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Get Pink: Cancer detecting dogs are saving lives

(KOKH/FILE)

Dogs can save a life with just their nose and the 300 million sensors in it.

Linda Konrad with Good Canine Academy of Texas has been working with and training dogs for over 40 years. She also runs Cancer Sniffing Dogs of Texas and Oklahoma.

She describes the sensitivity of a dogs nose as "its kind of like being able to walk in and we smell cake and they smell all the ingredients in the cake." Those extremely sensitive snouts are the next tool in helping sniff out all different types of cancer, including breast cancer.

"Cancer actually has an odor, and each cancer has a different odor," Konrad said.

The In Situ Foundation in California is pioneering cancer sniffing dog training. Founder Dina Zaphiris has recruited about 50 trainers across the globe, like Konrad, to train the dogs using positive reinforcement. Basically, if they correctly detect the cancerous sample among benign ones, they get a treat.

"When they actually smell the cancer, they will alert us and we try to teach them to do a sit at that particular time," Konrad said.

Experts do say there is one small problem. The dogs can't tell us exactly what they are smelling. That's where University of Oklahoma George Lynn Cross Research Professor Patrick McCann comes in. He's been in the electrical engineering filed for decades.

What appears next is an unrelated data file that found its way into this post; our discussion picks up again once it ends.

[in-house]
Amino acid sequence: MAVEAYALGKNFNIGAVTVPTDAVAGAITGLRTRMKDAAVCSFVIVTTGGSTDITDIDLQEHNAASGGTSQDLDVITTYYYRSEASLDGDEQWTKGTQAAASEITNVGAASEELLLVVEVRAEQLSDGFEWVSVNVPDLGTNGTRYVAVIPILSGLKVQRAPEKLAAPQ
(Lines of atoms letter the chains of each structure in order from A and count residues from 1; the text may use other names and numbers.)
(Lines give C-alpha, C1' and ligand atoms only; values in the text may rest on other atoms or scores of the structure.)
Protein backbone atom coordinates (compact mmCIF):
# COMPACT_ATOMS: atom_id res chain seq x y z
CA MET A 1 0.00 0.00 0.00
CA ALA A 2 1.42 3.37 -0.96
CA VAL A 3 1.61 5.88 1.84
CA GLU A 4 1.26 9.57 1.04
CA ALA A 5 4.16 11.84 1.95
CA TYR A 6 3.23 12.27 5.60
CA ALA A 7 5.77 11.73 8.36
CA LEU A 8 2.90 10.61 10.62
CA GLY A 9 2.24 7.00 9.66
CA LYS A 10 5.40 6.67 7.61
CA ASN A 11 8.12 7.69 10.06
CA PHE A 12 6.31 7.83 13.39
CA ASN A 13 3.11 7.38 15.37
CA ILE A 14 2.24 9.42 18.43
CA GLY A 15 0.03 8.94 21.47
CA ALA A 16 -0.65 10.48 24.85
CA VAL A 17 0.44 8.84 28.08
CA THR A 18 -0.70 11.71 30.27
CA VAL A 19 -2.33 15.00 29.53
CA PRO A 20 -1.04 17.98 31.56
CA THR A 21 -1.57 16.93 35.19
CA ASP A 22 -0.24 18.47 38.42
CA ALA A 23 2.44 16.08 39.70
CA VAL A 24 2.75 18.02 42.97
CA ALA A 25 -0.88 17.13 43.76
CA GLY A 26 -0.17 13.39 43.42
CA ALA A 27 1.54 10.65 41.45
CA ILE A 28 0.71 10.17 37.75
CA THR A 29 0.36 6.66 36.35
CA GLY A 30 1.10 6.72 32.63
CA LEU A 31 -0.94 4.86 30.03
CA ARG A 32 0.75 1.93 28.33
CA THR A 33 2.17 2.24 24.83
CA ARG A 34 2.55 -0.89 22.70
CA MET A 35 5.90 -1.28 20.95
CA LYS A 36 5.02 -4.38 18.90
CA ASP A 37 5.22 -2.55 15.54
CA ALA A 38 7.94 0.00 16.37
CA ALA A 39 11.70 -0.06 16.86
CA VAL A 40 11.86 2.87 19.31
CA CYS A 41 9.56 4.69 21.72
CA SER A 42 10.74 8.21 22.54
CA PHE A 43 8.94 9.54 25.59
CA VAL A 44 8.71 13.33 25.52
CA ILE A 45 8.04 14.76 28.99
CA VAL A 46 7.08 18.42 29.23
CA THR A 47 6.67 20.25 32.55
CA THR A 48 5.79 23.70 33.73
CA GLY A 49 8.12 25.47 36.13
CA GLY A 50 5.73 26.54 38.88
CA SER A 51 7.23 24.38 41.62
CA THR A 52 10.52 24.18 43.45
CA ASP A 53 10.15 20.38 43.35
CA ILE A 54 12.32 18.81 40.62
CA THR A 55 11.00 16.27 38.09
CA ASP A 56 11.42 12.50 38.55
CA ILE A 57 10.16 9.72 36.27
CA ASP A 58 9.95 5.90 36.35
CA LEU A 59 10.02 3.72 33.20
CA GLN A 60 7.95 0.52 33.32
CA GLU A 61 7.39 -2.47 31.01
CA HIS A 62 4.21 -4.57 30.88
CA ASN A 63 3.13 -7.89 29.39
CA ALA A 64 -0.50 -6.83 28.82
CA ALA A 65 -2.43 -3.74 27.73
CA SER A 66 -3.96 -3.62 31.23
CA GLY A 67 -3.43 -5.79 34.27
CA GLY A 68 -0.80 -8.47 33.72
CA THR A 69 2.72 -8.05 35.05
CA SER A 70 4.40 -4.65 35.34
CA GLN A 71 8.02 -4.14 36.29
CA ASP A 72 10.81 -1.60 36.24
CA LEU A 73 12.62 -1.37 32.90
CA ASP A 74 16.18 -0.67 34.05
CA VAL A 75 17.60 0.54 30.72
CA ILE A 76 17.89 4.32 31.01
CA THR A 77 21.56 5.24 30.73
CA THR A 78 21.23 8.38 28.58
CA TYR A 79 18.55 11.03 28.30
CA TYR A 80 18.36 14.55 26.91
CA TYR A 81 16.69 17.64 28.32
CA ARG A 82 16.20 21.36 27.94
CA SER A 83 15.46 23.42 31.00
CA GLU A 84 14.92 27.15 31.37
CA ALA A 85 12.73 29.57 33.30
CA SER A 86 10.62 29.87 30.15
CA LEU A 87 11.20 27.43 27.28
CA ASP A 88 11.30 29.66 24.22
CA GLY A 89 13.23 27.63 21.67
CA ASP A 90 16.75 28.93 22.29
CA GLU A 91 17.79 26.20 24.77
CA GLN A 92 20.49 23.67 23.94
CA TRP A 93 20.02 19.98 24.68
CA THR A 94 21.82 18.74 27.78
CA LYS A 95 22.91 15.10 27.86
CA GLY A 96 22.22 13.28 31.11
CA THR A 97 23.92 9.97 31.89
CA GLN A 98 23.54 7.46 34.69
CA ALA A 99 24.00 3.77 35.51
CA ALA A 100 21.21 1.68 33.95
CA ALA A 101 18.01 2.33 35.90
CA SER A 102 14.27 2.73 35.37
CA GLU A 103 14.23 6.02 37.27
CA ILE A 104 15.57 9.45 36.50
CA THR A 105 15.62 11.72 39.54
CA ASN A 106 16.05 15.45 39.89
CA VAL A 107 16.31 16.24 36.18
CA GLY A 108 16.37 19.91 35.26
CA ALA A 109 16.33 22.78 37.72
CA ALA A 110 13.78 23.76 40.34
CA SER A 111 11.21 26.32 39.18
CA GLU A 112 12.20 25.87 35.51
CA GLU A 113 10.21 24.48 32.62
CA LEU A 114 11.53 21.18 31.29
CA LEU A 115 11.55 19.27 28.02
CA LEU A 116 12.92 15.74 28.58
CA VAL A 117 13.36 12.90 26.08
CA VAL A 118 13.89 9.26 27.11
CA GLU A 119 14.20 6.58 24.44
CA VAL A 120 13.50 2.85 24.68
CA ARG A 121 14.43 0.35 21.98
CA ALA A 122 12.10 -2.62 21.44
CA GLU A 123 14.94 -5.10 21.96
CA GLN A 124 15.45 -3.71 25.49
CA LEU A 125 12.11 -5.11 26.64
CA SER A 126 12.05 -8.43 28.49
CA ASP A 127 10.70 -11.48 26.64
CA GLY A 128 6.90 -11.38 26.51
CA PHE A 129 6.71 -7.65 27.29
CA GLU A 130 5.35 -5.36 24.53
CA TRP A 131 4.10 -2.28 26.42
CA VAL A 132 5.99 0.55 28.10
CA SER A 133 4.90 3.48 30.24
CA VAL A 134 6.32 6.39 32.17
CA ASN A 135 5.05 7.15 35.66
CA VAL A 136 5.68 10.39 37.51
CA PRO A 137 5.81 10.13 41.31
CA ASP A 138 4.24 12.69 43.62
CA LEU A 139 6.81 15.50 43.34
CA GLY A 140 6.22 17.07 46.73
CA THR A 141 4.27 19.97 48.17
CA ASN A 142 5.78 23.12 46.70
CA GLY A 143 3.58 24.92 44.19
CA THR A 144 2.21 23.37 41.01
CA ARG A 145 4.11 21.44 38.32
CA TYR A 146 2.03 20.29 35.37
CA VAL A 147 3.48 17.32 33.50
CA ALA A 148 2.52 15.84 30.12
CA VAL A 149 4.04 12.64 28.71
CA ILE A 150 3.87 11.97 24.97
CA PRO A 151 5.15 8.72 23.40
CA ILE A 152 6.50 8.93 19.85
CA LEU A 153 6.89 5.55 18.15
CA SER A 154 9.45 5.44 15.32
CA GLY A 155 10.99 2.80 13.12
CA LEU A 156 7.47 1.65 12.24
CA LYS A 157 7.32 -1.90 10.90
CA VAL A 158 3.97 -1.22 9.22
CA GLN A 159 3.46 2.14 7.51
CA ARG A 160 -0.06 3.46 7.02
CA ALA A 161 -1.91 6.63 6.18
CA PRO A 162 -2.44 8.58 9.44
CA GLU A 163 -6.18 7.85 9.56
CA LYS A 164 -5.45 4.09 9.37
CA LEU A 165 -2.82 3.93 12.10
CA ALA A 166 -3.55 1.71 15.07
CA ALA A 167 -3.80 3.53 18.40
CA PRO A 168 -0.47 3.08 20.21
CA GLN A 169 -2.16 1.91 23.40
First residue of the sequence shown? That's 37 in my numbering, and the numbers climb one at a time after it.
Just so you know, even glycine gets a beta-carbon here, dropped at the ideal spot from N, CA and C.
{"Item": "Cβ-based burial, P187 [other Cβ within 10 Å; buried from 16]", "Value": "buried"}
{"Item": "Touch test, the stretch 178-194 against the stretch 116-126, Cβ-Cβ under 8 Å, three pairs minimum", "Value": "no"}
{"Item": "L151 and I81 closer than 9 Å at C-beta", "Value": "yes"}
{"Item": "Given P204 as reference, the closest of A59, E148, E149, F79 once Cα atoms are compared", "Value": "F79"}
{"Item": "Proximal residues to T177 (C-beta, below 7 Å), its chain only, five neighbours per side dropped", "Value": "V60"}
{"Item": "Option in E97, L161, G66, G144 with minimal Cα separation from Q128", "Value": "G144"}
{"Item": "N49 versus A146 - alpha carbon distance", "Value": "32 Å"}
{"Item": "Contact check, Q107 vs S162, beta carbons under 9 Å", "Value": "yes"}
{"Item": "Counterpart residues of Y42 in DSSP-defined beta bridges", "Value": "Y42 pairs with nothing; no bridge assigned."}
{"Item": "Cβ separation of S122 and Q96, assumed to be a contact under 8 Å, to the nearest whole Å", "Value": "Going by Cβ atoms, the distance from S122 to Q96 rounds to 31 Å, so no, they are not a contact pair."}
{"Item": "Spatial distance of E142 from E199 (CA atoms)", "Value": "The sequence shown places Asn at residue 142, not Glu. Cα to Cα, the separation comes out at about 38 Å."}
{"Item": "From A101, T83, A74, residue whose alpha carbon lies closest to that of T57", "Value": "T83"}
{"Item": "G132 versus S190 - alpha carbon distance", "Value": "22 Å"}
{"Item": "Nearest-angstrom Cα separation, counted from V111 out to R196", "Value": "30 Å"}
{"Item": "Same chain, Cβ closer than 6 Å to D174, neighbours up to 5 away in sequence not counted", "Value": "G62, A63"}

"If we knew what the molecules were, we can build an instrument to measure those molecules," McCann said.

McCann and a small team of students are working to build a portable laser based machine that would be like a breathalyzer. Professor McCann says research shows dogs can certainly detect cancer at an almost 100% accuracy rate. But, this machine would help us figure out each type of cancer's smell, and measure the effectiveness of cancer treatment.

"I think the first impact you would get better treatment. You'd get better drugs, more accurate treatment, more specific treatment and better survival," McCann said.

Right now, Professor McCann says the only way to figure out if treatments got all the cancer out of the body is through a PET scan, which he says, "involves a radioactive injections, involves X-Ray imaging, it's hazardous to the patient and it's expensive."

Professor McCann is currently still in the funding phase of his research, He is trying to secure $10,000 to purchase that laser and continue his research. The In Situ Foundation, including trainers like Linda Konrad say they need more samples, both cancerous and benign, to be able to train more dogs. They hope to hold a nationwide drive in the near future.

For more information on the In Situ Foundation, click here.

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